I think this one's going to test some people on their nerdstalgia, though. After all, Ray Harryhausen was the man who brought the original's creatures to life, and there are people who worship at the altar of his Medusa or his Kraken. Rightfully so. They are amazingly performed stop-motion characters.
But as a film? I must confess I've always found the original to be about half of a good experience. There's the horrific R2-D2 owl, there's Harry Hamlin, there's some just plain silly '80s storytelling... but it's got character and charm to spare, and all those monsters. To my mind, "Clash of the Titans" is one of those movies that seems damn near perfect to remake.
If you want to see the new trailer, check it out at Apple.com, where it just had its exclusive premiere.
And watch out for the Kraken. He looks hunnnnngry.
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Much of the Comic-Con footage featured, plus some new surprises
I haven't really been following the viral game that's been leading to the reveal of the new "Iron Man 2" trailer, but it seems that someone's finally solved the clues, cracked the code, and the trailer just went live a moment ago.
This is the same trailer we saw at Butt-Numb-a-Thon over the weekend, and it's one hell of an announcement for what Paramount and Marvel have in store for us in May. In many ways, it plays like a condensed version of the Comic-Con reel that we talked about in July, but there are some sweet new shots (Whiplash cutting Tony Stark's race car in half, that last shot of War Machine and Iron Man back to back) and a charming reintroduction of Pepper Potts and Tony Stark together in the belly of a plane just before he dives into battle. I'm still not sure what the main thrust of the storyline is, but it looks like there are a lot of forces in play, all of them intent on knocking Tony Stark and Iron Man down a peg or two. We'll meet new characters like Justin Hammer (Sam Rockwell), the Black Widow (Scarlett Johansson), and of course, Whiplash (Mickey Rourke), who looks like a genuine threat. We'll also see Pepper Potts again (Gwenyth Paltrow) and Nick Fury (Samuel L. Jackson), as well as Col. James Rhodes, played this time by Don Cheadle, who is going to get his chance to suit up as War Machine.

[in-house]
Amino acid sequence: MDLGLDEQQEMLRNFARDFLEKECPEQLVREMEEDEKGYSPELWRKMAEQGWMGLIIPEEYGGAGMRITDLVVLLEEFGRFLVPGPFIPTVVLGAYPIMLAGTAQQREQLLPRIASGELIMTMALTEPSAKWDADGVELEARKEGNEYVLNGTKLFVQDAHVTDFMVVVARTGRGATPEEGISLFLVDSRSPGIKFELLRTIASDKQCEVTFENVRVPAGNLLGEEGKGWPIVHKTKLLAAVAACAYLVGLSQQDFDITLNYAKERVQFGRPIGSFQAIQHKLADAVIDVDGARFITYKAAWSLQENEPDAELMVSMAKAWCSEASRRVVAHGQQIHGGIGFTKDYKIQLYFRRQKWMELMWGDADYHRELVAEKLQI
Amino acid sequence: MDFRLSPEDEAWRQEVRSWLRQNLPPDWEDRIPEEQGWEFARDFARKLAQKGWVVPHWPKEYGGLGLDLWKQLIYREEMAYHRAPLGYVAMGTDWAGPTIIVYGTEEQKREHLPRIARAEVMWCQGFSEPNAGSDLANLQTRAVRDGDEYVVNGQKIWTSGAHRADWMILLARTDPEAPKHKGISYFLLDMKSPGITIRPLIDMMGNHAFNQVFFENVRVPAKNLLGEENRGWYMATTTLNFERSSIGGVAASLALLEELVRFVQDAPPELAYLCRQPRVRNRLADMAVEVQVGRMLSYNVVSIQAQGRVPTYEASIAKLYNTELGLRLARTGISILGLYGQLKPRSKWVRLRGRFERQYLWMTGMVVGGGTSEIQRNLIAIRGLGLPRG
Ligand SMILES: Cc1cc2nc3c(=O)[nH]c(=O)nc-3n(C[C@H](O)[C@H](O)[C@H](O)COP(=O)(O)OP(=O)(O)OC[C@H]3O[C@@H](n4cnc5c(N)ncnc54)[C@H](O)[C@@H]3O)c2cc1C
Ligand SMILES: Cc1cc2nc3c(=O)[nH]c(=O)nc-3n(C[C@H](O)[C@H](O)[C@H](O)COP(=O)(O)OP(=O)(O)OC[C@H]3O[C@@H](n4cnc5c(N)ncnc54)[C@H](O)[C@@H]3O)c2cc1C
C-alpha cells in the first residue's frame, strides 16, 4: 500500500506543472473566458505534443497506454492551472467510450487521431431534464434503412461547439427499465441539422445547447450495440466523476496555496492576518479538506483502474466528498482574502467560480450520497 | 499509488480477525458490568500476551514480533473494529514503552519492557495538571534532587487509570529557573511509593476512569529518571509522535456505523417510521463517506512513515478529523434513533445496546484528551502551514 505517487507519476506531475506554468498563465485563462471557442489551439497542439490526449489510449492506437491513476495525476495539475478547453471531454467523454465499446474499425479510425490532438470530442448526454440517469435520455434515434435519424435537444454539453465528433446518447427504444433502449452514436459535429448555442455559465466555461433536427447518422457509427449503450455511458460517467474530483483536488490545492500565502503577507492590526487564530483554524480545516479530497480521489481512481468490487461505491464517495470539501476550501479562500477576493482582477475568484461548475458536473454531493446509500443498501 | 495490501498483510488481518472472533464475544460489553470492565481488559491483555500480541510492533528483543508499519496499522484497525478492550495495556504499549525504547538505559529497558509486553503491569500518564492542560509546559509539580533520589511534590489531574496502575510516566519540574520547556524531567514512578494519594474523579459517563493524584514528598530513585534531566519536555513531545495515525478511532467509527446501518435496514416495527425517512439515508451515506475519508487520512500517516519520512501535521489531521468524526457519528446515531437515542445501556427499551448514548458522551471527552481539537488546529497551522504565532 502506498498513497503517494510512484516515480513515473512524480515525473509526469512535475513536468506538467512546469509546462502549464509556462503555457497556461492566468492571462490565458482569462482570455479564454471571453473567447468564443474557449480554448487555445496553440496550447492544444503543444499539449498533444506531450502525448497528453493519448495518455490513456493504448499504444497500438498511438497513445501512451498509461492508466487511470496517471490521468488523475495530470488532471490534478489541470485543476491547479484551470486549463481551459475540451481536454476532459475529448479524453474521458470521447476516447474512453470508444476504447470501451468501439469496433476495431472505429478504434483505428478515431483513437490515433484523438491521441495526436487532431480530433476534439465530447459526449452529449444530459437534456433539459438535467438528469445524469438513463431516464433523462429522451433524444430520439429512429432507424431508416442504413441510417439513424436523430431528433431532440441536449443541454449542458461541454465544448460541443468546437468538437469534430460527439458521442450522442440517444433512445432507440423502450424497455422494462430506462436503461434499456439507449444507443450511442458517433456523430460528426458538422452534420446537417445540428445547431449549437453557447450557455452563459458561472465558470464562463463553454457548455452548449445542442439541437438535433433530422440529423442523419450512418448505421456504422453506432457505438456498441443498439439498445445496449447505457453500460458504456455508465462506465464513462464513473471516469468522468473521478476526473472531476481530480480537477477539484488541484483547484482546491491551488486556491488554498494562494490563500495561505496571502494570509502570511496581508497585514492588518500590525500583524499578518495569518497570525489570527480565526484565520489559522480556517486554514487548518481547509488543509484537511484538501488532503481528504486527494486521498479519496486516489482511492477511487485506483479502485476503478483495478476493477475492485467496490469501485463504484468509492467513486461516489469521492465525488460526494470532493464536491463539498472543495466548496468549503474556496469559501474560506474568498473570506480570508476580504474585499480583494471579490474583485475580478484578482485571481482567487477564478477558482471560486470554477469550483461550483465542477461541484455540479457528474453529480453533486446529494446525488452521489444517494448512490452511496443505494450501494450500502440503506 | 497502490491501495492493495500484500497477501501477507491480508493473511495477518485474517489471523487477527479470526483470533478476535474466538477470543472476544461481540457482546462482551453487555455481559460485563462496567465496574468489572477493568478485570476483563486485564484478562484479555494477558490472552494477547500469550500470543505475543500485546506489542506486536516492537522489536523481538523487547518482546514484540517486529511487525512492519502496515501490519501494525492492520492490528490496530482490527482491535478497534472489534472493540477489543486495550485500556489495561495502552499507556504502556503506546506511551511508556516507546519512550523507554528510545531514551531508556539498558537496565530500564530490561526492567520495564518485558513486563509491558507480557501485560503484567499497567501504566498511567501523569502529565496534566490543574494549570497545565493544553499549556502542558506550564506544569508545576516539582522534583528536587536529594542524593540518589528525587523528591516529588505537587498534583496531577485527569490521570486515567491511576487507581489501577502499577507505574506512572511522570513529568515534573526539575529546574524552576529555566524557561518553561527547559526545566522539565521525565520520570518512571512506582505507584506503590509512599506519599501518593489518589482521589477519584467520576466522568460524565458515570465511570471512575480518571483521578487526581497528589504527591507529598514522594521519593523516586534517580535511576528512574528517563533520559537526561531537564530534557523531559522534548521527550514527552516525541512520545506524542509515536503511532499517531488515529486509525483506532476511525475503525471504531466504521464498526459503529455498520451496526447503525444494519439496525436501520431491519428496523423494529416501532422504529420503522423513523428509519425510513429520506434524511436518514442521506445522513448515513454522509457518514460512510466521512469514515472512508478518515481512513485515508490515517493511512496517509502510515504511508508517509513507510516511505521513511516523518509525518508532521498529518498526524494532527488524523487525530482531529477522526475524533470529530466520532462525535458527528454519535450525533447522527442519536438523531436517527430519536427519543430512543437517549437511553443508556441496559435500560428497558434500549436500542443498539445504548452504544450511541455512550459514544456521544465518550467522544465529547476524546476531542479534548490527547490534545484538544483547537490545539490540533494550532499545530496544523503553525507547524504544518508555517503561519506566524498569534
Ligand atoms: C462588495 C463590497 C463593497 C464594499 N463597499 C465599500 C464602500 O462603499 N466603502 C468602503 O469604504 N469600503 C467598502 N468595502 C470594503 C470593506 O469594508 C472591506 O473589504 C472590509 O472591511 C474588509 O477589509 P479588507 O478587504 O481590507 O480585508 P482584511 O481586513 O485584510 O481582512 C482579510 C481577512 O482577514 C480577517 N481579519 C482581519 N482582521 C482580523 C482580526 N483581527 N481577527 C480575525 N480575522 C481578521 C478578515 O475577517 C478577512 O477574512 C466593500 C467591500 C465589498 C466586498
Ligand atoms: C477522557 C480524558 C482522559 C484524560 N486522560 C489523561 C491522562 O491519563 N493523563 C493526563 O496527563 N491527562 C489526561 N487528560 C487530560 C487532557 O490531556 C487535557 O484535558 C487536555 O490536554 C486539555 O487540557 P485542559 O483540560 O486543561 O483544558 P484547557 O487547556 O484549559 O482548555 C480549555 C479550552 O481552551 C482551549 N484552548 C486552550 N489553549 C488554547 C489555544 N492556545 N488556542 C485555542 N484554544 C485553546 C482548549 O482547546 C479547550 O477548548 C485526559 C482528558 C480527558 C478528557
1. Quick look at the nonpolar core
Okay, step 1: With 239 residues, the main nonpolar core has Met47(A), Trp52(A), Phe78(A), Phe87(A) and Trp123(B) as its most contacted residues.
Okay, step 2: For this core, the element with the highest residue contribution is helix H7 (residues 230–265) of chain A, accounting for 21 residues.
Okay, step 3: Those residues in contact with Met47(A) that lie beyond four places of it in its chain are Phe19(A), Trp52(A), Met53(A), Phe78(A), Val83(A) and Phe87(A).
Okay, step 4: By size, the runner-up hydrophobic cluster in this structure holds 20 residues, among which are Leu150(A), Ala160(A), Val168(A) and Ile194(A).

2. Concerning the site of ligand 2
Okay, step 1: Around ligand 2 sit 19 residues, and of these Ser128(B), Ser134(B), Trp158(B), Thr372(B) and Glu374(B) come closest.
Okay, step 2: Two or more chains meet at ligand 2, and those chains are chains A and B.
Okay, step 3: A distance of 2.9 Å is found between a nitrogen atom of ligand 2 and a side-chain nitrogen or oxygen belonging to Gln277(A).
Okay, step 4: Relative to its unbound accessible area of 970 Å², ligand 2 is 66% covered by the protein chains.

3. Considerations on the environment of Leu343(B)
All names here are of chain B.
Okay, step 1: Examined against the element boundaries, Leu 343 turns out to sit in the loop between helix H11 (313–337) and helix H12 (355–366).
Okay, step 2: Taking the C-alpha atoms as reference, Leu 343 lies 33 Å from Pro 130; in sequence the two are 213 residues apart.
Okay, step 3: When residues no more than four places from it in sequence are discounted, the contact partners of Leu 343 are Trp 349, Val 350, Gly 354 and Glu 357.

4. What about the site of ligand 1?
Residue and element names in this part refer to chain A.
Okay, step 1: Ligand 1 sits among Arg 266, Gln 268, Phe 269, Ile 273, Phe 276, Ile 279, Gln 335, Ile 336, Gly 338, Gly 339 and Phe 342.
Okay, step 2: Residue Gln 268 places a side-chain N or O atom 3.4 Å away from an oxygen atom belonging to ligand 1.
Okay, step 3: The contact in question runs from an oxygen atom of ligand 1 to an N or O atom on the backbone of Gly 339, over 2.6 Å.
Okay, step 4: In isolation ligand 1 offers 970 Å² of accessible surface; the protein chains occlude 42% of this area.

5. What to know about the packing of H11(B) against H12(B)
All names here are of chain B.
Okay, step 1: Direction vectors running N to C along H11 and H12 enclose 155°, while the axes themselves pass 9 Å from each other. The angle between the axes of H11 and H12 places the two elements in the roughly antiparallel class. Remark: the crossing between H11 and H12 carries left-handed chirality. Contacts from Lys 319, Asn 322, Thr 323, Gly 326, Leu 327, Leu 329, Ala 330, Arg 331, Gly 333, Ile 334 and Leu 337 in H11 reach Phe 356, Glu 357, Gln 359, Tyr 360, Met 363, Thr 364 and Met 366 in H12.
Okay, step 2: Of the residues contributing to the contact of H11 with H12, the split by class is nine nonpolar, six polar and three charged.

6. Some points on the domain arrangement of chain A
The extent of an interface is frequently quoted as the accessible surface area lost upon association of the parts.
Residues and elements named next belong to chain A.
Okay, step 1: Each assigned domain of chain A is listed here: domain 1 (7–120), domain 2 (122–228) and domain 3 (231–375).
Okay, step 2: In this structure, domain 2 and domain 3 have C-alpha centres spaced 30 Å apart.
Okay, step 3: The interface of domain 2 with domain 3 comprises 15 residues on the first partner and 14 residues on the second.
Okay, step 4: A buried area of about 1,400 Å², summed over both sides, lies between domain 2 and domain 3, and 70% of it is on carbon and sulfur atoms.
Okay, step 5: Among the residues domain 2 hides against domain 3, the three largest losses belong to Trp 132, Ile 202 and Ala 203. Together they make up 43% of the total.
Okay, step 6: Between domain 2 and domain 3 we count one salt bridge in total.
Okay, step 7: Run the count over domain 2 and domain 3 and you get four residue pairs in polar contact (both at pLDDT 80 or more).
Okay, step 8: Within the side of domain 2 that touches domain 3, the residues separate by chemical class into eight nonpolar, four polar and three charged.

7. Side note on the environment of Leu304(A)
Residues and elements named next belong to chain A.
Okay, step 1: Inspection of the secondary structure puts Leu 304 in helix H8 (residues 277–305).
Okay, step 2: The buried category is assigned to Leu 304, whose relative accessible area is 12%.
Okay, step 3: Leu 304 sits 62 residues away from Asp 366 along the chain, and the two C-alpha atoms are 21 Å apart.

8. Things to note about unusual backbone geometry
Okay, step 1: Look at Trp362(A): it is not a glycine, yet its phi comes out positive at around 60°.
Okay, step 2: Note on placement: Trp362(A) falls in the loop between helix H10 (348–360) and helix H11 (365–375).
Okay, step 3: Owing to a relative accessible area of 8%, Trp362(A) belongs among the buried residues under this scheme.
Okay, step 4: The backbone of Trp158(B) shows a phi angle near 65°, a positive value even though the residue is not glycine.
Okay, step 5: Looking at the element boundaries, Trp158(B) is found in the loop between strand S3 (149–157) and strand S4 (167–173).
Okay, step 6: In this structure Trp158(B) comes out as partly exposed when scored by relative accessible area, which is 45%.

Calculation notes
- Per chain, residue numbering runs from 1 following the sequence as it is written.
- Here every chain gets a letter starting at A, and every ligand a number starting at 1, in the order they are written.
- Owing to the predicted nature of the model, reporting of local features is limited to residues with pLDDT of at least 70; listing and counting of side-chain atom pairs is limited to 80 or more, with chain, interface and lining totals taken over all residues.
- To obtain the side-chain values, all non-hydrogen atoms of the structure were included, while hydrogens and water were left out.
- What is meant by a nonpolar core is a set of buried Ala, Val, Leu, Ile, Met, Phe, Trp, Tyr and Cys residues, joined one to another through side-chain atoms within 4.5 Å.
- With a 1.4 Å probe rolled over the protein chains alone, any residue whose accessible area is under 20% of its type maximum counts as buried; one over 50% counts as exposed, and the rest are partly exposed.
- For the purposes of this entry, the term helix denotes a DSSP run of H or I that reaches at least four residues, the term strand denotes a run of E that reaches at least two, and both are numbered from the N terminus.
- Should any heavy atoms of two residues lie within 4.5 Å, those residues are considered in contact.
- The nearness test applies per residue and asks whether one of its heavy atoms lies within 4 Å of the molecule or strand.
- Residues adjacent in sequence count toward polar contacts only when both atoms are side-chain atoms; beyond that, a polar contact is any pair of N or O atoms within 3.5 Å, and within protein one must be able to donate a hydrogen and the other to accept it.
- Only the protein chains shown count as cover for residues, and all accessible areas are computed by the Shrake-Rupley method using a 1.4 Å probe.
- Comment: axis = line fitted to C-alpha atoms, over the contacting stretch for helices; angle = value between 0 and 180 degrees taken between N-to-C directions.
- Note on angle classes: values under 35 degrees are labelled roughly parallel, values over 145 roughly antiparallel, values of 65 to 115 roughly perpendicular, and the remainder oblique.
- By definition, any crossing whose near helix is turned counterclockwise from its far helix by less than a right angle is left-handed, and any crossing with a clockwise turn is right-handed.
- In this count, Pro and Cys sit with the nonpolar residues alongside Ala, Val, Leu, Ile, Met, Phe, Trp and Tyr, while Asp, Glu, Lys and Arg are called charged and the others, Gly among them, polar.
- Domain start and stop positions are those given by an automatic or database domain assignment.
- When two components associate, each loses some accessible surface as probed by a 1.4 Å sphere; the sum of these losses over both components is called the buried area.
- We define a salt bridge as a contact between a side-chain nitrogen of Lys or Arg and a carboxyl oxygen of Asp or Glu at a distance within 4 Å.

The trailer made its exclusive debut at Apple.com. I'm sure we'll be able to post our own version of it in a few days, but for now, go check it out in lovely HD Quicktime glory over there, and then let us know what you think!
And details of what to expect from his new live stage show in LA
When it rains in LA, traffic becomes even more unbearable than usual.
And since I am fortunate enough not to have to commute to downtown Los Angeles every morning, I'm really not used to just how godawful it can be when you do have to get from Northridge, which is the far end of the San Fernando Valley, all the way to the Staples Center. According to Yahoo! Maps, that trip should take 47 minutes.
Try two hours and eleven minutes. Thanks, Los Angeles.